If you think you’ve had good smoked salmon, think again. Renowned fish smoker, Sally Barnes, is a master at all things wild fish – from filleting, to smoking, to salting and brining, and everything in between. Sally started the Woodcock Smokery 4 decades ago, selling her products online and offering intimate masterclasses.
With a firm and unfaltering stance for sustainability, Sally Barnes has won the respect of some of the top producers and chefs in the food industry, both nationally and internationally, and now supplies some of the Michelin starred restaurants around Ireland with her deep knowledge of true, natural fish from West Cork waters.
Can you tell me about your own background in the food industry?
As a student, I worked in kitchens in local pubs, learning all the time. My mum was a great cook; she inspired us all (4 daughters), and we all still love to prepare food from scratch. When I came to Ireland, I eventually married a commercial, inshore, fisherman, had direct access to day-boat fish which I had to learn how to prepare for our meals, without having income which would allow ‘exotic’ ingredients (brandy/cream, and most cookery books which I owned required such extras). I very quickly realised that fresh fish needs almost no further adornments – just a bit of butter/salt/pepper, bake in the oven, on the bone, wrapped in foil. Absolutely delicious, and fantastically simple.
Circumstances dictated the next move: an unpaid invoice for fish resulted in us acquiring a smoking kiln, which I taught myself to use initially, experimenting with salting, different woods, different cures, and different species of locally-available fresh fish. After 10 years, and children then in secondary school, I had more time, and studied ‘Food Production Systems’ with the Open University, as a fisherman’s wife by necessity is a single-parent (and I had no family here to help me), my brain was atrophying, needed a good massage, and that is precisely what the OU allowed.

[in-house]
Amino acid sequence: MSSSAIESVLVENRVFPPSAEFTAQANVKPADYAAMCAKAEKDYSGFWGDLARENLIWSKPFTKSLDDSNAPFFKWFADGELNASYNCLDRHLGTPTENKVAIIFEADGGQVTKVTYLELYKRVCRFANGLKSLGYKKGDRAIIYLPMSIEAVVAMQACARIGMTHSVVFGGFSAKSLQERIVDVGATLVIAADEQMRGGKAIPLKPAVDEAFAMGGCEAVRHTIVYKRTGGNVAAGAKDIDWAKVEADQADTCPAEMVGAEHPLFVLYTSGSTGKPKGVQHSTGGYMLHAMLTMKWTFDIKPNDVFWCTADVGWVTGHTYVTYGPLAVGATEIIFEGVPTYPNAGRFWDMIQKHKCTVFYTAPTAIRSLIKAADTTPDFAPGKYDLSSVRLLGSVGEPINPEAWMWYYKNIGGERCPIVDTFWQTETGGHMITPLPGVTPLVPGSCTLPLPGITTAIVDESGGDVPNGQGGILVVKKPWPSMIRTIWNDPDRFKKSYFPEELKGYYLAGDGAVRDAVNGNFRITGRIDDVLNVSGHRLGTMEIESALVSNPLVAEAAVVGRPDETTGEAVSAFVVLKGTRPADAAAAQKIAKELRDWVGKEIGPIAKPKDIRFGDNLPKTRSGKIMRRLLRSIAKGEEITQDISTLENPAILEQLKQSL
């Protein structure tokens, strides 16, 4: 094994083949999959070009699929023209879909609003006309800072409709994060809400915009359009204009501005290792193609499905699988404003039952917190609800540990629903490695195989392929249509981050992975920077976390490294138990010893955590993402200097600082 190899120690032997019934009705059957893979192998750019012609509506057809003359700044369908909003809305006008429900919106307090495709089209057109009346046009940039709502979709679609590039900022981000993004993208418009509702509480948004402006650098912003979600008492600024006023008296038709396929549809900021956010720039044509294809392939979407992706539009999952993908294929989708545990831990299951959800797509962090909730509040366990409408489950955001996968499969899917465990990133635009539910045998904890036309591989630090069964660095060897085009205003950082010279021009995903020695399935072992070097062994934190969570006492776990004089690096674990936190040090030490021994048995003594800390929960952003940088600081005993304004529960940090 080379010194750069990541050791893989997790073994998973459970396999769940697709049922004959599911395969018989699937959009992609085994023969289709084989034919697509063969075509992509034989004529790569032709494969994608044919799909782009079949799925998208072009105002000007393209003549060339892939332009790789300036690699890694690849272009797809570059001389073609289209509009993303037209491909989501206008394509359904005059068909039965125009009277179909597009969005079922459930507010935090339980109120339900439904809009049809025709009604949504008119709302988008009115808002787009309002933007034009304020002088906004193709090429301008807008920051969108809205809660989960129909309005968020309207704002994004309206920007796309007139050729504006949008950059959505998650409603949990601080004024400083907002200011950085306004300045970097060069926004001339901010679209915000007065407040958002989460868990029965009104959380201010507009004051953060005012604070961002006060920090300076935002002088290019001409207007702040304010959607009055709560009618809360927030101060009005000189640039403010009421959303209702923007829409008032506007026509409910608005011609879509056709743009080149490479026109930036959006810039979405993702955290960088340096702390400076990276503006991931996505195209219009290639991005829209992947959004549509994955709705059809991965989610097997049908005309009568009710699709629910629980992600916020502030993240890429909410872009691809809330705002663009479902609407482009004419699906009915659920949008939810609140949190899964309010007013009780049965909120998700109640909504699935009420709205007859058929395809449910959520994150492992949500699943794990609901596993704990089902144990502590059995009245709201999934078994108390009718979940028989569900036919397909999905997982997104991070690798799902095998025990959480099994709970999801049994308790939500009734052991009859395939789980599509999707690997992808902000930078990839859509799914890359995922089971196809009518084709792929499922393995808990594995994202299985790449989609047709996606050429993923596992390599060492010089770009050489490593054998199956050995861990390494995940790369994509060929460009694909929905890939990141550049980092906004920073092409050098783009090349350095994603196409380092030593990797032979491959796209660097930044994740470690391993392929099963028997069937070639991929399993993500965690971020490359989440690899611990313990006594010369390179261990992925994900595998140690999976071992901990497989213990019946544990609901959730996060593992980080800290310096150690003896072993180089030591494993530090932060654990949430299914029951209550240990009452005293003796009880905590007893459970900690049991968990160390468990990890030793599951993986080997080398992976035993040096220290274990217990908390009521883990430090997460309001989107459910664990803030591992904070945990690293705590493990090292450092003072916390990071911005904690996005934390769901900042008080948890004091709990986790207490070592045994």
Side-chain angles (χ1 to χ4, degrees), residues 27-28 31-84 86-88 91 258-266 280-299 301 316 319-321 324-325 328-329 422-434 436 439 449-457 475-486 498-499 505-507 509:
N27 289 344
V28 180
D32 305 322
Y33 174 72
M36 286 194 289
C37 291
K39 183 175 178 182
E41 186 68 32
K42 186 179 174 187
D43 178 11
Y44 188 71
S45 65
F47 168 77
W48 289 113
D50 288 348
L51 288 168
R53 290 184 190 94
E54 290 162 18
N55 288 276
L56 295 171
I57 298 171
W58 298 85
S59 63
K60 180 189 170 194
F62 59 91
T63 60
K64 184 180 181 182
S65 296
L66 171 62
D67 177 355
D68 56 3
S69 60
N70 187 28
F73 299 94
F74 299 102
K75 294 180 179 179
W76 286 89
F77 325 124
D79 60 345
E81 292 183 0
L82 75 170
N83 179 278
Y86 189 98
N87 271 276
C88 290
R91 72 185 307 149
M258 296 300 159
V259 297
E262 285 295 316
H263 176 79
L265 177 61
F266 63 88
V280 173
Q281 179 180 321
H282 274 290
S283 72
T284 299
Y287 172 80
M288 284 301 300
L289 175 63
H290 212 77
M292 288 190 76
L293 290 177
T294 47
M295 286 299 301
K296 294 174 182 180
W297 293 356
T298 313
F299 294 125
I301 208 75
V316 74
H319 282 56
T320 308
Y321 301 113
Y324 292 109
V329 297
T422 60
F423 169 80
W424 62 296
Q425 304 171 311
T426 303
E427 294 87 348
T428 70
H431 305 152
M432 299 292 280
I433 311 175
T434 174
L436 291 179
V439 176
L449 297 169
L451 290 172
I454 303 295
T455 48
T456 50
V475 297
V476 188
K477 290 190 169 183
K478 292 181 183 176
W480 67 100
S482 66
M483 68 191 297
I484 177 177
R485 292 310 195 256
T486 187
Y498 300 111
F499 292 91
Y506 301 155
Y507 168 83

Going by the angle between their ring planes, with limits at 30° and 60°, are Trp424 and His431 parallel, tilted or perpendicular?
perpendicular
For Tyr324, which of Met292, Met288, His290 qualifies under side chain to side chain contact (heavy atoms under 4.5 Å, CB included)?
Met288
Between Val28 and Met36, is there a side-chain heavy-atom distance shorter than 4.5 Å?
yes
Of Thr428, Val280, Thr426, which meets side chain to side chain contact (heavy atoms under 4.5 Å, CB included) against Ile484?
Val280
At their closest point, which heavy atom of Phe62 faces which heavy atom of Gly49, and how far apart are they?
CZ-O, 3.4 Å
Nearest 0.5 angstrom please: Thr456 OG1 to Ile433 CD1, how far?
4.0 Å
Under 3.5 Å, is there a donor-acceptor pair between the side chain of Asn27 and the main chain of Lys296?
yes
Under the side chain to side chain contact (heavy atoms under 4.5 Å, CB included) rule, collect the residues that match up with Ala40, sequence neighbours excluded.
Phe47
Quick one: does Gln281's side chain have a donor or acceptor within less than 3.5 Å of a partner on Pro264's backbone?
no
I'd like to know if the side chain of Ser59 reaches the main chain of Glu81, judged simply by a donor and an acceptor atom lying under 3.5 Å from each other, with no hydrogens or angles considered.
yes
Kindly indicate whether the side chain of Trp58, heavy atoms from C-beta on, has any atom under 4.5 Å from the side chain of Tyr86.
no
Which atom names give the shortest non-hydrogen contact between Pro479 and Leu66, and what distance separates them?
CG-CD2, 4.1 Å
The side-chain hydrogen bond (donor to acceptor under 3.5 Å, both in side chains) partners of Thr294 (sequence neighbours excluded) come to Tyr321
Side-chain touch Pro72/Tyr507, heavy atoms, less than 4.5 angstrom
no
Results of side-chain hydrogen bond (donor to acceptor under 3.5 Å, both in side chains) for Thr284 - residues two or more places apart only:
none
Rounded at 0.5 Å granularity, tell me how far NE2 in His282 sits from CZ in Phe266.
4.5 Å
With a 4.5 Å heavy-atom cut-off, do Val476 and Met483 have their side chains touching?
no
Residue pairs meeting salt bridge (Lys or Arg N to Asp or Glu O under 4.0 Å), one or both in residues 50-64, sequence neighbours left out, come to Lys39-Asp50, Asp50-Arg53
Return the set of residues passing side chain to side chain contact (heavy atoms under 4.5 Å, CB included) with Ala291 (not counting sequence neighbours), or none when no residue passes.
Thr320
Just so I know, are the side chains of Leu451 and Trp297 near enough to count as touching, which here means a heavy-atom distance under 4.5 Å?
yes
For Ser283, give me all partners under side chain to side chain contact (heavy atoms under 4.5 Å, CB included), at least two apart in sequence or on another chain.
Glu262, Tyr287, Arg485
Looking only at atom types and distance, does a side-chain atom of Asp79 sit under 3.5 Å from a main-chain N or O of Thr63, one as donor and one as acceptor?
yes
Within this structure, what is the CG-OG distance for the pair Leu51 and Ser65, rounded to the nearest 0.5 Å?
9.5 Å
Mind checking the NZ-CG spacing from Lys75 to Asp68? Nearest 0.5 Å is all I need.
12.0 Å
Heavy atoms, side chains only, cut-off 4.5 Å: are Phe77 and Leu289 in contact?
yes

It also taught me what the various processes I was using were actually doing, regarding microbiological controls and why salt does what it does. This gave me huge confidence in my methods, whilst still retaining a degree of traditional processes. No dyes or additives, as I was feeding my family. Keep it simple – fresh fish to begin with, and lots of patience and care, both for customers, family, and my own self-worth. And by necessity, I deliberately kept my business small enough that I could manage my many tasks single-handedly, until my back gave out. As I work exclusively with wild locally-sourced fish, and populations are highly variable year on year, it was not wise to chase big contracts/more outlets, as I could never guarantee supply. Working WITH Mother Nature was key.
What inspired you to set up your business? Did you notice a gap in the market?
Desperation during winter months, when small inshore boats were stuck in the harbour for weeks on end due to bad weather. The only kippers which were available here were dyed bright orange, rubbery-fleshed things. I knew I could do better, using our own local stocks of fine fat herrings. As a multi-cultural community, smoked wild salmon was a familiar food to visitors, but not so for the locals initially. But wild fresh salmon were on most tables around our coasts then…sadly that is not the case now. Most smoked fish had been dyed, or had ‘smoke-flavour’ applied to them. NOT for me!
How did you set up the business and how has it been growing over time?